Health Features

Help Your Heart by Losing Weight

Maintaining a healthy body weight is at the heart of good cardiovascular health. Extra weight can place a lot of strain on the circulatory system, creating ripple effects that increase your risk for serious health problems, says SLUCare cardiologist Dr. Stephanie Windish.

“When we gain weight, the body has to create more capillaries to supply the added fat and muscle with blood,” she says. “The heart has to increase its mass and work harder to pump the blood to the extra tissue. This increases blood pressure and the metabolic needs of the heart and body.” Extra weight is closely associated with conditions that increase cardiovascular disease risk, like diabetes and high cholesterol, she says. Being obese in itself isn’t one of the risk factors, but it can lead to them.

Windish says patients often state, “I may be overweight, but I’m healthy, so what’s the problem?” She explains that the health effects of extra weight tend to accumulate over time, so they may not be noticeable when you are younger. “As you age, there is a greater chance of developing diabetes and high blood pressure,” she says. “Your arteries become stiffer, and your body reacts differently to the intake of sugars. Older age is actually your highest risk factor.”

She says there are other heart-related conditions people don’t necessarily connect with obesity. “It also can lead to sleep apnea, which causes extra strain on the right side of the heart, which pumps blood to the lungs,” she explains. “Obesity also affects the way the heart muscle relaxes and takes in blood flow. Patients often experience shortness of breath and edema, a condition where fluid accumulates and causes swelling in the body.”

Windish notes that sensible, realistic weight loss is key to keeping the pounds off for better cardiovascular health. “Don’t go on a sudden juice fast or cleanse and expect to be able to run a marathon right off the bat,” she advises. “Instead, set a goal of gradually losing about 10% of your body weight in 6 to 12 months. That may not seem like a lot at first, but you don’t want to make huge changes quickly because they won’t be sustainable.”

According to Windish, the cardiovascular benefits of weight loss are considerable. “When you return to a healthy weight, your blood pressure decreases, sleep apnea can be reversed, and the effects of hypertension and diabetes can be improved as well,” she notes. “Studies show that just a 10-pound weight reduction can correspond to a significant drop in systolic blood pressure. Basically, by returning to a healthy weight, you can take away many of the risk factors for cardiovascular disease that may limit your life.”

She adds that it’s important to be fair with yourself about sticking to a weight reduction plan. “Set a realistic time frame for your goal,” she says. “Say, ‘I want to accomplish X over the next six months or a year,’ and if you fall off the wagon, just get back on again. Don’t worry about health care providers being disappointed in you; they know you’re human and may need to start fresh a couple of times.”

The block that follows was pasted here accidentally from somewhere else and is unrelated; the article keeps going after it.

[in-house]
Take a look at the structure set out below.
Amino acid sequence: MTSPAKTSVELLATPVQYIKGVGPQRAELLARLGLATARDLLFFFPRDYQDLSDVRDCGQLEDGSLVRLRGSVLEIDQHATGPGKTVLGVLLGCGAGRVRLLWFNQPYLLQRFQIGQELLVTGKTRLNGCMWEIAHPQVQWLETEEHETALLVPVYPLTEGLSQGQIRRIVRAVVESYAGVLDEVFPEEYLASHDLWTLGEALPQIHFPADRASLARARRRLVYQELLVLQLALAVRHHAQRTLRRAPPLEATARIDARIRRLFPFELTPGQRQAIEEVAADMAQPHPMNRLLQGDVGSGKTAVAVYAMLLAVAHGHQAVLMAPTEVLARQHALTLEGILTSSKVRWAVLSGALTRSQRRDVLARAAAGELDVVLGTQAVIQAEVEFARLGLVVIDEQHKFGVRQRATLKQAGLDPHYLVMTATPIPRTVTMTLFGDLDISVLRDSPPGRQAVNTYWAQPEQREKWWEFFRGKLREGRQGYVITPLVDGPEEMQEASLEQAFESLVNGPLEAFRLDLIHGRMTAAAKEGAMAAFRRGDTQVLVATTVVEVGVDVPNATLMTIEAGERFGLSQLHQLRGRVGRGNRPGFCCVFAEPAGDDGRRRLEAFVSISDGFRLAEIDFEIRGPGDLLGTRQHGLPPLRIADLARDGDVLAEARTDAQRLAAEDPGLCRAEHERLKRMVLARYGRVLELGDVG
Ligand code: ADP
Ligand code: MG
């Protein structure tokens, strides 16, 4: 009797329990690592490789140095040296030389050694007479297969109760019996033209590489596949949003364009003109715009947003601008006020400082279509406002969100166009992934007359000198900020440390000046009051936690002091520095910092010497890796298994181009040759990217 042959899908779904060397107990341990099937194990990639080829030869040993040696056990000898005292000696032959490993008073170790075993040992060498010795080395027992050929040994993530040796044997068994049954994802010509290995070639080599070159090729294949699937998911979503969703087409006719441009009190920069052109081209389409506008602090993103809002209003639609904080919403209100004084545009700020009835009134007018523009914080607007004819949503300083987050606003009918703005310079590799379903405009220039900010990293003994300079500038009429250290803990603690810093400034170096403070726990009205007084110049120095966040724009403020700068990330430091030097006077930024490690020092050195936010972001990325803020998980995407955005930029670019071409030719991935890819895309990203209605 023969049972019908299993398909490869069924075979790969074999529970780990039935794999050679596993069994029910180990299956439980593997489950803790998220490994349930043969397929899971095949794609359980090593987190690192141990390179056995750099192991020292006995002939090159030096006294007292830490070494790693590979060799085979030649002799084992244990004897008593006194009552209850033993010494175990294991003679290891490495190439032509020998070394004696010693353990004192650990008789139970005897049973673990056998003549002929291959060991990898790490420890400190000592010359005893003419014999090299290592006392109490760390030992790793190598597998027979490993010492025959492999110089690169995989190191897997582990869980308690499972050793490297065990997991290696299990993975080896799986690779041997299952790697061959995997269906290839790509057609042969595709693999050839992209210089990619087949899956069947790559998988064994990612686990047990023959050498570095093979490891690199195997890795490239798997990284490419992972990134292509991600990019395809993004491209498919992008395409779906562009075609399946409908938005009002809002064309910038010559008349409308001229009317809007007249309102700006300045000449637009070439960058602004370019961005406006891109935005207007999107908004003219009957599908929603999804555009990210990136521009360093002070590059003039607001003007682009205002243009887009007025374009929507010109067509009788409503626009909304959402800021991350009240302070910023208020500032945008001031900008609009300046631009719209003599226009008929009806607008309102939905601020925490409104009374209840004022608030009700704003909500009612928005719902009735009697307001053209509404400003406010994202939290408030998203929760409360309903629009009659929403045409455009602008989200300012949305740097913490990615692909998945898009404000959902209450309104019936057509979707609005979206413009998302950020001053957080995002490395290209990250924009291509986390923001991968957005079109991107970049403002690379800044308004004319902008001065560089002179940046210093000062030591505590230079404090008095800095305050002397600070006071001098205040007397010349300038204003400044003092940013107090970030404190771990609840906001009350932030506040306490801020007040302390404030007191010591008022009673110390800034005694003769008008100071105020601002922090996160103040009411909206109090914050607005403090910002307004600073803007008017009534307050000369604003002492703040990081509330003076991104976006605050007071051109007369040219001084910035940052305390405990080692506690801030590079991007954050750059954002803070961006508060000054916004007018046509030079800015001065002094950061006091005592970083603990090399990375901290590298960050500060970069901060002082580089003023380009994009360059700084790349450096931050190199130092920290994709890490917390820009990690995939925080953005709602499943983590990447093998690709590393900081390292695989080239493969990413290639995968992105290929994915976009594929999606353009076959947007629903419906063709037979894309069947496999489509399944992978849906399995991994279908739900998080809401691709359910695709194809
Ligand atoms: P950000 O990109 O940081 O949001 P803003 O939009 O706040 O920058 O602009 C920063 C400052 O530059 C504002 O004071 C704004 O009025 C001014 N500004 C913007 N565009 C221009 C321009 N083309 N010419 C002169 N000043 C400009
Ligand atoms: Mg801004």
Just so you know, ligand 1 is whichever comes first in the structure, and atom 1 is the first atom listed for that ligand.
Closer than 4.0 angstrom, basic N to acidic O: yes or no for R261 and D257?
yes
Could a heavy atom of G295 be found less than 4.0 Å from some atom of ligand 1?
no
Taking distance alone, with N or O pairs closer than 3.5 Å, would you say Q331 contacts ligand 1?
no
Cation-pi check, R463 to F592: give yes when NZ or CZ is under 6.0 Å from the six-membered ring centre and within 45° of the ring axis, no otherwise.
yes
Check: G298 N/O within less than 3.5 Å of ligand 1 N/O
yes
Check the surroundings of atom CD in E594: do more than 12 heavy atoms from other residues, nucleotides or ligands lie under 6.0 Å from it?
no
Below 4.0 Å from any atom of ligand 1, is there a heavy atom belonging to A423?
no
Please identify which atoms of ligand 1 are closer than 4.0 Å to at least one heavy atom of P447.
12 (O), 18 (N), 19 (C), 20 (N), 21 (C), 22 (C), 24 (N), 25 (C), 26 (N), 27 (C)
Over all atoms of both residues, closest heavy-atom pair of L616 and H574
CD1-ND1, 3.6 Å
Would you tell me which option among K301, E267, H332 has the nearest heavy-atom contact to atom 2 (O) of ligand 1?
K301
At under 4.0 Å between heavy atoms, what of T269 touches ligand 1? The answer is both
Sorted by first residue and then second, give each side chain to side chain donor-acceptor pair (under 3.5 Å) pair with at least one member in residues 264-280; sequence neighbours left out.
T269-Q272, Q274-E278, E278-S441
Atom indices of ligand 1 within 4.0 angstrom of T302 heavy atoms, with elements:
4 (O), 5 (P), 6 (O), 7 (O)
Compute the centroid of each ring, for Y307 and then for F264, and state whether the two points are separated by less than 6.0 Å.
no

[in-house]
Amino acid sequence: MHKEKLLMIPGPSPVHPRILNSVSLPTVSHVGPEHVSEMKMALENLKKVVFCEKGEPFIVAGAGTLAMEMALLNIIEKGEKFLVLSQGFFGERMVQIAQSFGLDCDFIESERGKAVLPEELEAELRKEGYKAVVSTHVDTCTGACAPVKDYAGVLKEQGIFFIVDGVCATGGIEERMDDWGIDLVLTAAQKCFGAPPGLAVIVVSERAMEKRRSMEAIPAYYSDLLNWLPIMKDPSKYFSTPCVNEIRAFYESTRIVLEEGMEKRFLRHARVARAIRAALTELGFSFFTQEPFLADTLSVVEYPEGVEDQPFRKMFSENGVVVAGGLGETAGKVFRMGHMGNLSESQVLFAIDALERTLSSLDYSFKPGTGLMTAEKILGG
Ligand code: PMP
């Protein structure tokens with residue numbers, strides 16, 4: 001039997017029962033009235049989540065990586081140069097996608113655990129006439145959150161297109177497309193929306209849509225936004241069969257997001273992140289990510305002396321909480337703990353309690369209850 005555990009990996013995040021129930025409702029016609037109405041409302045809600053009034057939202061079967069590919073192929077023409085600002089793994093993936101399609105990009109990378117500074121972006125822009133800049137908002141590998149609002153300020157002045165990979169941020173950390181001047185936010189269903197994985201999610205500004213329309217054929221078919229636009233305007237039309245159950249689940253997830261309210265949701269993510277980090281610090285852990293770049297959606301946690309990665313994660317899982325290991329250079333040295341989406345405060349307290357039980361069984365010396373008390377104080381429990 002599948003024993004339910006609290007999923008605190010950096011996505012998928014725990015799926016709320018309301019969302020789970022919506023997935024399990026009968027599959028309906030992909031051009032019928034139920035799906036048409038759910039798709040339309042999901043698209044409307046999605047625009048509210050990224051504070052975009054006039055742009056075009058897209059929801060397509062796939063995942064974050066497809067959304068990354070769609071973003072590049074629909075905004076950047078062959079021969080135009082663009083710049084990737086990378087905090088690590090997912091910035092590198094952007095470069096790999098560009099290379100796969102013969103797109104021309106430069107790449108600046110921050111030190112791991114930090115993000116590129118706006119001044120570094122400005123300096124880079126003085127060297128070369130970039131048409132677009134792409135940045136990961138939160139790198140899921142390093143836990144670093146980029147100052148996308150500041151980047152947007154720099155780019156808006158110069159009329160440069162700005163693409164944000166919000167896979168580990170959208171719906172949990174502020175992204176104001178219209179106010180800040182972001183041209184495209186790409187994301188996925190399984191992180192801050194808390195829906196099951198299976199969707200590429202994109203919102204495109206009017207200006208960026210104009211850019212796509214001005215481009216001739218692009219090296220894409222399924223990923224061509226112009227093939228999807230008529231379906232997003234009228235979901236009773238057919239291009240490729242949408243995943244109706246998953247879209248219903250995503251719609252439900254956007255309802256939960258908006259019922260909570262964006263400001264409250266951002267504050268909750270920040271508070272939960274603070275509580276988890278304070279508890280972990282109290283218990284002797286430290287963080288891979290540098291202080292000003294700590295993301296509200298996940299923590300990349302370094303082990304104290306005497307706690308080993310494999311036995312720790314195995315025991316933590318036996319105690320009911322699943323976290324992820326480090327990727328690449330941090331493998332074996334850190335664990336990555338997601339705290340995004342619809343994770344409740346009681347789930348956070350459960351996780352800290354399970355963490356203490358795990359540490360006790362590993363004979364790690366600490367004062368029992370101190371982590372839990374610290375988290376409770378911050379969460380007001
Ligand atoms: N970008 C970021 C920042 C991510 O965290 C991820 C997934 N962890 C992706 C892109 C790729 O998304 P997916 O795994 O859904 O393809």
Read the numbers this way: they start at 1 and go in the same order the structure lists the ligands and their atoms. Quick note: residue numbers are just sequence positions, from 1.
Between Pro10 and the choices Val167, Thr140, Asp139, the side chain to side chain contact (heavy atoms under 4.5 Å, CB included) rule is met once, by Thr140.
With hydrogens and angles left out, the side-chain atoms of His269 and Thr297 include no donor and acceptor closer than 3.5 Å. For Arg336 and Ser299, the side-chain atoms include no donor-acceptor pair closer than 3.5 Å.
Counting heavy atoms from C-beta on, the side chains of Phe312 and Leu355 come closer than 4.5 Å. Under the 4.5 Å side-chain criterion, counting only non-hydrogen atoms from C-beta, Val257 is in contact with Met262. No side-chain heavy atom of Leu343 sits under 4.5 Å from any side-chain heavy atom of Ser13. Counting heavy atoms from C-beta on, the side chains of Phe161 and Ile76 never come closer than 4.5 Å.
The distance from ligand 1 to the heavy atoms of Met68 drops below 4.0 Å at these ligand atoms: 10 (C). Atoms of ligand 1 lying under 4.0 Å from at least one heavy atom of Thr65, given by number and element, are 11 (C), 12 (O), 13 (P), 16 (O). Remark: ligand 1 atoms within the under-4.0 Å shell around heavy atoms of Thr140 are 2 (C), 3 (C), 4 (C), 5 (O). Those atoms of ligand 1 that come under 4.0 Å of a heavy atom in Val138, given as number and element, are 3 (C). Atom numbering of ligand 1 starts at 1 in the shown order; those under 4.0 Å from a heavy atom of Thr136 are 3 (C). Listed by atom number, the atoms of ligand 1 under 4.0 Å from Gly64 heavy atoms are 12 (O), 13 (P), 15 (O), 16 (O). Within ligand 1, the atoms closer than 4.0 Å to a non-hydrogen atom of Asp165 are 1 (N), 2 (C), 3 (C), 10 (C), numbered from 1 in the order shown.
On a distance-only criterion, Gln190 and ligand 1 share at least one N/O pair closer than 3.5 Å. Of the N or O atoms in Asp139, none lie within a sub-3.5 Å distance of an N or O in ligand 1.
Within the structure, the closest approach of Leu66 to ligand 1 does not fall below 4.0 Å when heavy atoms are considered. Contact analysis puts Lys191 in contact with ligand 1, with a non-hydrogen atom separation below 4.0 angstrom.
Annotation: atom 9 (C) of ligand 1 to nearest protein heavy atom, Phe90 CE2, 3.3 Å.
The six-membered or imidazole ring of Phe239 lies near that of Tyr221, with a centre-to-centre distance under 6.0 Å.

It’s best to have a conversation with your doctor about the type of weight loss program that is right for you and your heart, Windish says. For those with a significant number of pounds to shed, surgical intervention may be needed; others can reduce their weight successfully with good nutrition and exercise. “The plan needs to be tailored to the person,” she says. “A consistent exercise regimen and a well-rounded, plant-based diet with lean proteins are a pretty good foundation for most people.”

6 steps for weight loss success
An effective weight loss plan for better heart health depends on good nutrition, regular exercise and a positive mindset. Here are six guidelines to help ensure positive results.

  • Make sure you’re ready. Ask yourself if you are capable of changing your eating and activity habits for good.
  • Find your inner motivation. Examine your goals for weight loss, and make a list of the reasons that are most important to you.
  • Set realistic goals. It’s sensible to aim for 1 to 2 pounds of weight loss per week over the long term by combining a healthy diet and regular exercise. In general, you need to burn 500 to 1,000 more calories than you consume each day.
  • Enjoy healthier foods. Learn to love nutritious, plant-based foods like vegetables, fruits and whole grains. Variety will help you stick to your plan without giving up flavor.
  • Get active and stay active. It may be possible to lose weight without exercise, but your healthiest bet is to combine regular physical activity with a healthful diet. Any extra movement can help you combat calories.
  • Change your perspective. Good diet and exercise habits should become a way of life. Setbacks may happen, but don’t be discouraged. Losing weight for a healthier heart is a marathon, not a sprint.

Source: Mayo Clinic

interesting facts about weight loss

  • Even a modest loss of 5% to 10% of your total body weight can offer health benefits like improved blood pressure, cholesterol and blood sugars.
  • Reducing your weight also can help boost mood, energy, mobility and self-confidence.
  • Healthy weight loss should be gradual. Crash diets are unrealistic and usually unsuccessful in the long term.
  • Creating your own weight loss ‘support group’ can help you reach your goals. Making a major lifestyle change is easier with encouragement from others who are on the same journey.

Source: Centers for Disease Control and Prevention

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